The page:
Thoughts From Tom Glenn, Chair of The Wilbur and Hilda Glenn Family Foundation

I was not particularly political in my younger days.  The Civil Rights Movement, the Vietnam War, and a long list of human rights issues were rather tangential to my young, unsophisticated mind.  With advancing age and some semblance of maturation, I began to wish I had been more aware of social justice issues in my earlier years.  Joining others concerned about religious bigotry was a good start, but I had no idea at the time that the topic would soon invade the consciousness of so many Americans.

Published in two Atlanta papers in September of 2016, the Atlanta Interfaith Manifesto denounces religious bigotry and encourages interfaith cooperation.  It is the work of approximately 30 concerned individuals who began conversations in January of 2015, well before we could have predicted ensuing events that would threaten one of our most cherished freedoms.

The Manifesto’s call for “respect and accommodation for diverse religious and secular identities” does not encourage agreeing with or even learning about someone else’s religion or philosophical position.  But it reasserts Americans’ centuries old desire to pursue their various faiths with impunity.  Such freedom was undoubtedly on the minds of the brave souls in those frail little ships that sailed across the Atlantic long before the United States, the Constitution, or the First Amendment were envisioned.

At times, life’s challenges can become so daunting that our faith is all we have left to keep us going.  We should have the freedom to cling to that faith without being maligned.  Though such freedom was envisioned more than four hundred years ago, it remains a dream to many.

During the nineteenth century, Mormons were brutally victimized by an extermination order (Missouri Executive Order 44).  During John Kennedy’s campaign for the Presidency, Protestant leaders railed against the notion of a Catholic in the White House.  Bigotry against Jews continues, and there is now a regrettable increase of anti-Semitic activity on college campuses.  The outpouring of anti-Muslim rhetoric since 9/11 is yet another unfortunate example of our country’s darker side.  All of these examples of bigotry speak to the importance of the Atlanta Interfaith Manifesto, but I believe there is an even more compelling reason to confront the issue.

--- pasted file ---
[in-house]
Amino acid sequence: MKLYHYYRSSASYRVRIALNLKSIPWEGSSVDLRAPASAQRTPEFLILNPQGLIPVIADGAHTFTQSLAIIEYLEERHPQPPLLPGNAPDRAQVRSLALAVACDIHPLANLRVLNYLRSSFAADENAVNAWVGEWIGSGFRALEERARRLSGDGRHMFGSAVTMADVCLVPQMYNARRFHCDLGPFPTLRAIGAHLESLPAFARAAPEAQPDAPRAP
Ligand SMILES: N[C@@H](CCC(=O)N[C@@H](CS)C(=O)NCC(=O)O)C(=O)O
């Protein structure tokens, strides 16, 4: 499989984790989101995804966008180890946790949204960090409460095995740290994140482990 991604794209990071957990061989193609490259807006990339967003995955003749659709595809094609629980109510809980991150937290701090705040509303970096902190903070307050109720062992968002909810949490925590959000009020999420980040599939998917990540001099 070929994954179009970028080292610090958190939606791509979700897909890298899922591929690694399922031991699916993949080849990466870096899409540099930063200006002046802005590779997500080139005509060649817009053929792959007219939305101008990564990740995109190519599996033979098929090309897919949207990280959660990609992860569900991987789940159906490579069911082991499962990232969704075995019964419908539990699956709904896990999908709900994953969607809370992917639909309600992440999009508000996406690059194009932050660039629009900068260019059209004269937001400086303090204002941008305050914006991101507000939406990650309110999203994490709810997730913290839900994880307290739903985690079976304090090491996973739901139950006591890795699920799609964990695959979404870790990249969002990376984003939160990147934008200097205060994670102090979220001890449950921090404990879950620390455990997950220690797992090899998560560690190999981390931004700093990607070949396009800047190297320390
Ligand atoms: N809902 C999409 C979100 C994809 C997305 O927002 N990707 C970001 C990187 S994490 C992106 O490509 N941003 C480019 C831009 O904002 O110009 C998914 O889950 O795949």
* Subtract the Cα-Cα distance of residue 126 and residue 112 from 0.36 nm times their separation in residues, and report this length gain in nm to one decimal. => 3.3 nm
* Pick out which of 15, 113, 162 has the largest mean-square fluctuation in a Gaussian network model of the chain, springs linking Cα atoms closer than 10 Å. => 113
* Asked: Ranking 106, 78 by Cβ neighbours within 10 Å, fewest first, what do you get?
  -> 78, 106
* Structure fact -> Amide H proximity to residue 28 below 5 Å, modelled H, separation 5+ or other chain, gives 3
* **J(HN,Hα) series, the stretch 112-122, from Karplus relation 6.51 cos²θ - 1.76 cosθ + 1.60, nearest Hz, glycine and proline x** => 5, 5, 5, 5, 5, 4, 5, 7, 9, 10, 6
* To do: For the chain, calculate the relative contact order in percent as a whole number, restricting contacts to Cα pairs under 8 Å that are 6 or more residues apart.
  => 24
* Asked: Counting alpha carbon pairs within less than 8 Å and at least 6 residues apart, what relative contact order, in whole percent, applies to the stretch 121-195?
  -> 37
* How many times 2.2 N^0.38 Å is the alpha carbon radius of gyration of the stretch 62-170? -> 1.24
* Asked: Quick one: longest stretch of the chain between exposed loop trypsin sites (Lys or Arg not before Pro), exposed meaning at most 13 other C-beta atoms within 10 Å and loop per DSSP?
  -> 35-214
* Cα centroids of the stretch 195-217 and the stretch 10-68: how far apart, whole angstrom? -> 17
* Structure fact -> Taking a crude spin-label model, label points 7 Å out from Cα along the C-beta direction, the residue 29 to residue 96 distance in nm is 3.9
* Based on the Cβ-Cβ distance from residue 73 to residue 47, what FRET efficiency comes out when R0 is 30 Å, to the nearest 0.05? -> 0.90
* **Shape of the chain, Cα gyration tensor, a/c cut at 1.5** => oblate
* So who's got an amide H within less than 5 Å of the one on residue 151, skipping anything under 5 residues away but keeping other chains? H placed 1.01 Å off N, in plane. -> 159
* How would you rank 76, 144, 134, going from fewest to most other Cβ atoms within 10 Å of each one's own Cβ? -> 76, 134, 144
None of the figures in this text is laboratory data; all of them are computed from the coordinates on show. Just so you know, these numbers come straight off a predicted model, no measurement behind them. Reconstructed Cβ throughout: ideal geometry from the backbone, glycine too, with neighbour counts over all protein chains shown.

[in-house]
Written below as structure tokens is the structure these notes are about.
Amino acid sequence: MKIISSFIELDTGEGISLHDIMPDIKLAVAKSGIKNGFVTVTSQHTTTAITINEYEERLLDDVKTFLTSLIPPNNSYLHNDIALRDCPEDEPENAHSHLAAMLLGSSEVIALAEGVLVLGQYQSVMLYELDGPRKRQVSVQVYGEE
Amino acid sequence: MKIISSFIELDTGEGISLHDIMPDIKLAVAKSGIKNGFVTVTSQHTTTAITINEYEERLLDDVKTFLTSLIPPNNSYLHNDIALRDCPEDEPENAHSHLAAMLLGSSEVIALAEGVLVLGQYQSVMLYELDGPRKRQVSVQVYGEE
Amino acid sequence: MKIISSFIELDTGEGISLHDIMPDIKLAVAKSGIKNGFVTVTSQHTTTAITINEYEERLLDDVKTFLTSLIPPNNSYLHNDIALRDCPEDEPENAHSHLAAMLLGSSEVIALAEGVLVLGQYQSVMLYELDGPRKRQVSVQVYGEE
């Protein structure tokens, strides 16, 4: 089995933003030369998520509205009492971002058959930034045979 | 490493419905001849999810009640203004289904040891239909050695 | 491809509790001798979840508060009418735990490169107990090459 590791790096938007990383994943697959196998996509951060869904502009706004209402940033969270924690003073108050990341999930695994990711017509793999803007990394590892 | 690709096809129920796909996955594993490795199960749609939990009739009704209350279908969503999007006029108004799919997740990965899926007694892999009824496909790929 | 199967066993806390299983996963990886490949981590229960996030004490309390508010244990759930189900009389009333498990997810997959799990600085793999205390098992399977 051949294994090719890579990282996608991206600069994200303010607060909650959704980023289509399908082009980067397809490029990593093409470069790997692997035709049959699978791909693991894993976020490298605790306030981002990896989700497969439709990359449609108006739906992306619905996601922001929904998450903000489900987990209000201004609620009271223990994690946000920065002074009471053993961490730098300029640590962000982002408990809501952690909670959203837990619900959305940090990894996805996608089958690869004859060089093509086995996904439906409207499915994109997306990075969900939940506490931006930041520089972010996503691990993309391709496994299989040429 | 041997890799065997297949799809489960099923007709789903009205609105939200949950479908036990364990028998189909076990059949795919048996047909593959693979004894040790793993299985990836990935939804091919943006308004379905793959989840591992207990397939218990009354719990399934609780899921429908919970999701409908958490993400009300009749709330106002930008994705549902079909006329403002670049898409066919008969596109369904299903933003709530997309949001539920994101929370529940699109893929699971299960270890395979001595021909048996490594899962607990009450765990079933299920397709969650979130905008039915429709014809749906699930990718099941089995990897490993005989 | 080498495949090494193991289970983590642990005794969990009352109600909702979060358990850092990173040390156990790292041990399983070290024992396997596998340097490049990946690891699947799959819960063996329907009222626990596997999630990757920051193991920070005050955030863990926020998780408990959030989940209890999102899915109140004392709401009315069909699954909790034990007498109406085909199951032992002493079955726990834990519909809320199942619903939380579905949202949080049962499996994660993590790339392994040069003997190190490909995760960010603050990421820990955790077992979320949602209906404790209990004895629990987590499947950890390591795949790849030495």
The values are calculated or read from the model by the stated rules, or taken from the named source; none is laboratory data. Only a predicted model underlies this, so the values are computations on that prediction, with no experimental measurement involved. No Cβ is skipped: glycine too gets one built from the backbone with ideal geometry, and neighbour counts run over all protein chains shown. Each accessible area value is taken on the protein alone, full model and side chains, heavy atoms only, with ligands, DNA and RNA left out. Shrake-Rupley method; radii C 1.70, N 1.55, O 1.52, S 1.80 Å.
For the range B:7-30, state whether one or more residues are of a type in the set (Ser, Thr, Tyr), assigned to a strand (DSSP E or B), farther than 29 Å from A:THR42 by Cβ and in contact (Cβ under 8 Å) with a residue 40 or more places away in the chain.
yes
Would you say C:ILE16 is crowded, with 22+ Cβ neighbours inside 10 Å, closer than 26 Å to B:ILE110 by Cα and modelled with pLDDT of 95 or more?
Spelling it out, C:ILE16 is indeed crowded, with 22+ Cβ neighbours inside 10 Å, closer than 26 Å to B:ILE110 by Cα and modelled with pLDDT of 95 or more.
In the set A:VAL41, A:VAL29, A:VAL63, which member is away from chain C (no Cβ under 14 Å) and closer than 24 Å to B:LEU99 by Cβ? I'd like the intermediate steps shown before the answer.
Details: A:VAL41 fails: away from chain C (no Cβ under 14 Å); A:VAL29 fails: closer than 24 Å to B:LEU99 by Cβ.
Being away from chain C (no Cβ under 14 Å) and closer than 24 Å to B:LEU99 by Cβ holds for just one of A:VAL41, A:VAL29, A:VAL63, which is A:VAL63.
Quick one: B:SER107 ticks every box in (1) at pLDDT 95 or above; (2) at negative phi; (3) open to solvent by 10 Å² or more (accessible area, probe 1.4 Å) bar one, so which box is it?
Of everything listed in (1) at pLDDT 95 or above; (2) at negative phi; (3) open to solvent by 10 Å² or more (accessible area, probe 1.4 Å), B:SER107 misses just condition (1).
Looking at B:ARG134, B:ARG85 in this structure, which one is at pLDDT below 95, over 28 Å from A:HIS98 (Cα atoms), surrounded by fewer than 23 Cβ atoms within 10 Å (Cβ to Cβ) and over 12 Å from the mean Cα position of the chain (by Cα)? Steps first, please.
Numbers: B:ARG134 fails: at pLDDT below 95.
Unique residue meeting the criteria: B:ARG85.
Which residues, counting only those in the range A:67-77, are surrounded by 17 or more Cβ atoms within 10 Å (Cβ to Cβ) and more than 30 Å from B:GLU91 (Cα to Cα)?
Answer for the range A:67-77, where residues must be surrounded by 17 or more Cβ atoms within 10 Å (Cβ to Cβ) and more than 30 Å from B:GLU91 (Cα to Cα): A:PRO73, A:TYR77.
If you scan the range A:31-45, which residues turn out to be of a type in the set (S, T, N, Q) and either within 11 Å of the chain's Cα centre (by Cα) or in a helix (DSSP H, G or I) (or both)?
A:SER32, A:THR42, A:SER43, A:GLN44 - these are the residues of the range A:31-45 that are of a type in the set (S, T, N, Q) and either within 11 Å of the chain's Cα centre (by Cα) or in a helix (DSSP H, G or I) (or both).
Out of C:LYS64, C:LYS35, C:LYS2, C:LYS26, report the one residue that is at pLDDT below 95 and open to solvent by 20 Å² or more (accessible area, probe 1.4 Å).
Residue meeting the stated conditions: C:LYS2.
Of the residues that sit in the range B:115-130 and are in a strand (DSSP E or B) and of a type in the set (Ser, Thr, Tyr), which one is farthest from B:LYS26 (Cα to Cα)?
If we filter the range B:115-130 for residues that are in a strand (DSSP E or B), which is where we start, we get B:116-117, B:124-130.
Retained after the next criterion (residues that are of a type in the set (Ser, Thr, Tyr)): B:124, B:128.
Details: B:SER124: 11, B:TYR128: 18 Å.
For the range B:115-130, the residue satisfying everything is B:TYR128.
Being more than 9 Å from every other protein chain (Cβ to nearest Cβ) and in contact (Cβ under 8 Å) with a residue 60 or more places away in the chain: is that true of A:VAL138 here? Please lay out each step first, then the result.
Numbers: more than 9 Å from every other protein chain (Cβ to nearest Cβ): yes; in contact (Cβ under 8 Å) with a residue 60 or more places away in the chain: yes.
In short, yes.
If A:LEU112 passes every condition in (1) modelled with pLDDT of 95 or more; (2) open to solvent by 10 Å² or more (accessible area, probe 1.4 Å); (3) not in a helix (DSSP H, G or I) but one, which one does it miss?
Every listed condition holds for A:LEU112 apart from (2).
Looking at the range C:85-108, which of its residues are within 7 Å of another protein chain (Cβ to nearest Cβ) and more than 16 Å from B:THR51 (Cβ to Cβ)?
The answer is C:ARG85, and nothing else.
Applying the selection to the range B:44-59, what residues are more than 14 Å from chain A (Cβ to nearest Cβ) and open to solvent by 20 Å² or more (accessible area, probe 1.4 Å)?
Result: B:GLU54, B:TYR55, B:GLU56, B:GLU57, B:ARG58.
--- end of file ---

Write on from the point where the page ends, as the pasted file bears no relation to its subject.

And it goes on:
Fear of the unknown arouses our protective instincts and heightens our sensitivity to change, making us easy prey to those seizing such opportunities to support their political intentions.  According to Robert P. Jones’ The End of White Christian America, 2008 was the last year on record when Protestants as a whole represented a majority of the United States, and by 2014, the religiously unaffiliated made up 22% of the U.S. population.  Changes in both demographics and religious affiliations are taking place much faster than previously predicted, and the potential for exploiting fear increases with them.  If there was ever a time for us to learn how to get along with each other, it’s now.

In the coming months, others involved with crafting the Atlanta Interfaith Manifesto will be offering their views on why the Manifesto is important through website posts similar to this one.  These impressive thought leaders inspire me, and I urge you to read what they have to say.

I am no longer a college student of the turbulent sixties, but I find myself in an atmosphere reminiscent of those days when there was much to fear and dread.  It is my hope that through interfaith cooperation, we can live in peace and harmony as we become a more diverse nation.

If you feel so compelled, I invite you to sign the Atlanta Interfaith Manifesto to show your support for religious cooperation and tolerance.